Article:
1. In 1980 Nintendo were struggling to make it into the lucrative North American arcade game market. They had developed a game called Radar Scope...
...which was (fact fans) the very first game that legendary Nintendo game designer and producer Shigeru Miyamoto helped develop. It had proved to be hugely popular in Japan, second only to Pac-Man at the time, so the president of newly founded Nintendo of America, Minoru Arakawa, placed a large order for it.
By the time the game arrived in New York many months had passed and, even in the early days of arcade gaming, tastes in game play had changed. US test audiences hated it, their main gripe being that the game's sounds were too high pitched and annoying. American arcade operators were also unimpressed and so Arakawa was left with both thousands of units sat in a warehouse and the prospect of financial disaster for the newly formed Nintendo of America.
Fortunately, it's not always what you know but who you know. Arakawa's father-in-law just happened to be Nintendo CEO Hiroshi Yamauchi! So he pleaded with him to provide him with a new game which would appeal to the American market which he could then install as a replacement in the Radar Scope arcade machines. Yamauchi tasked Shigeru Miyamoto and a small team of programmers to make the new game that would later become Donkey Kong.
2. Miyamoto originally attempted to license the rights to Popeye to make a game based upon the characters. When the license attempt failed Miyamoto decided to create his own characters which could also potentially be marketed and used in later games. He took inspiration from Popeye, and the 'love triangle' between the Spinach-eating Sailor Man, Olive Oyl and Bluto. Jumpman (later to be renamed Mario) would take the role of Popeye, Pauline (referred to as simply the damsel-in-distress or female character during development) as Olive and Donkey Kong as Bluto.
Nintendo did eventually acquire the rights to Popeye, releasing their arcade game in 1982.
3. The development of Donkey Kong marked the first known time that the storyline for a video game preceded the game's actual programming, rather than simply being appended as an afterthought. Full backstories and motives were developed for the main characters before a single item of code was written. Miyomoto had written that Donkey Kong was originally the pet of Jumpman, and "a funny, hang-loose kind of guy."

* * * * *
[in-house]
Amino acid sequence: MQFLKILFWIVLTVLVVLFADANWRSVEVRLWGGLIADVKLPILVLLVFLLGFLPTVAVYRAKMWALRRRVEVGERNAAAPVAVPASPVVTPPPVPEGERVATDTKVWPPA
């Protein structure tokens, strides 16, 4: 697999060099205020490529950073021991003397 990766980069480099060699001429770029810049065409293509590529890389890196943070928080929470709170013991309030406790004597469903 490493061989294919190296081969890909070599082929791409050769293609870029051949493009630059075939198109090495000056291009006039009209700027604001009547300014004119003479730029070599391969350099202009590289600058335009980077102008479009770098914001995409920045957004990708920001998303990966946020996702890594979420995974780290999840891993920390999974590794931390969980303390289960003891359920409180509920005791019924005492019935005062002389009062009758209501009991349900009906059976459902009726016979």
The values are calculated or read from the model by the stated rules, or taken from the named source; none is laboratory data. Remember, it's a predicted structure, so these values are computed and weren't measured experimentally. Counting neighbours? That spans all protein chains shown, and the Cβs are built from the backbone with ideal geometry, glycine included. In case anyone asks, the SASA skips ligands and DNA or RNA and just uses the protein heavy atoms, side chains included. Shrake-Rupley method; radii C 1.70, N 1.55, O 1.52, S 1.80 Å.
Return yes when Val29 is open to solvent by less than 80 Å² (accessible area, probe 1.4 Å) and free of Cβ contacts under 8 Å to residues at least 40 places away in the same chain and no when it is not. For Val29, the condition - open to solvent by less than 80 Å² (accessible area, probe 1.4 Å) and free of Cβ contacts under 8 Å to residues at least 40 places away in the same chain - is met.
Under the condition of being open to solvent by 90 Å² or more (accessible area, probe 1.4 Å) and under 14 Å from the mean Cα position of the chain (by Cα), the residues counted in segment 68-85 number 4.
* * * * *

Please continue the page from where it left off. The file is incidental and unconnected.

In 1984, three years after Donkey Kong's arcade release, The Game & Watch title Donkey Kong Circus dipped into this backstory. The game itself was a simple reworking of a Mickey Mouse title (which itself was a reworking of Egg), but the relationship between Kong and Mario prior to 1981's Donkey Kong is what is on show.
Here he is, as that "funny, hang-loose kind of guy", balancing on a barrel while juggling pineapples and avoiding the flaming torches. Mario (Jumpman) watches his performance. If Donkey Kong loses a pineapple, Mario laughs at him. If Donkey Kong manages to grasp a fireball, he will flail.
Returning to Miyamoto's notes, it is said that it was Jumpman (Mario) who unwittingly started the conflict by mistreating his pet, and Donkey Kong Circus appears to be an example of this. Setting the conflict in motion and causing Donkey Kong to rebel against his master.
4. When it came to coming up with a name for the game and it's gorilla character, it's over to Miyamoto again. "Kong" was a common Japanese slang term for "gorilla", but Miyamoto wanted to connect it with something that would convey the character was both "dumb and stubborn". There are conflicting reports on how the final name came about but the most credible is that, not knowing much English, Miyamoto looked in a Japanese-English dictionary and linked "dumb and stubborn" to "donkey", and thus Donkey Kong was born.
When Minoru Arakawa (still sat in his warehouse in New York, no doubt) heard the name he hated it and asked for it to be changed. It's not too far fetched to speculate that at this time Arakawa's father-in-law may have reminded him he'd bought great shame and dishonor on his family by not shifting all those Radar Scope arcade machines he'd ordered. And so the name remained.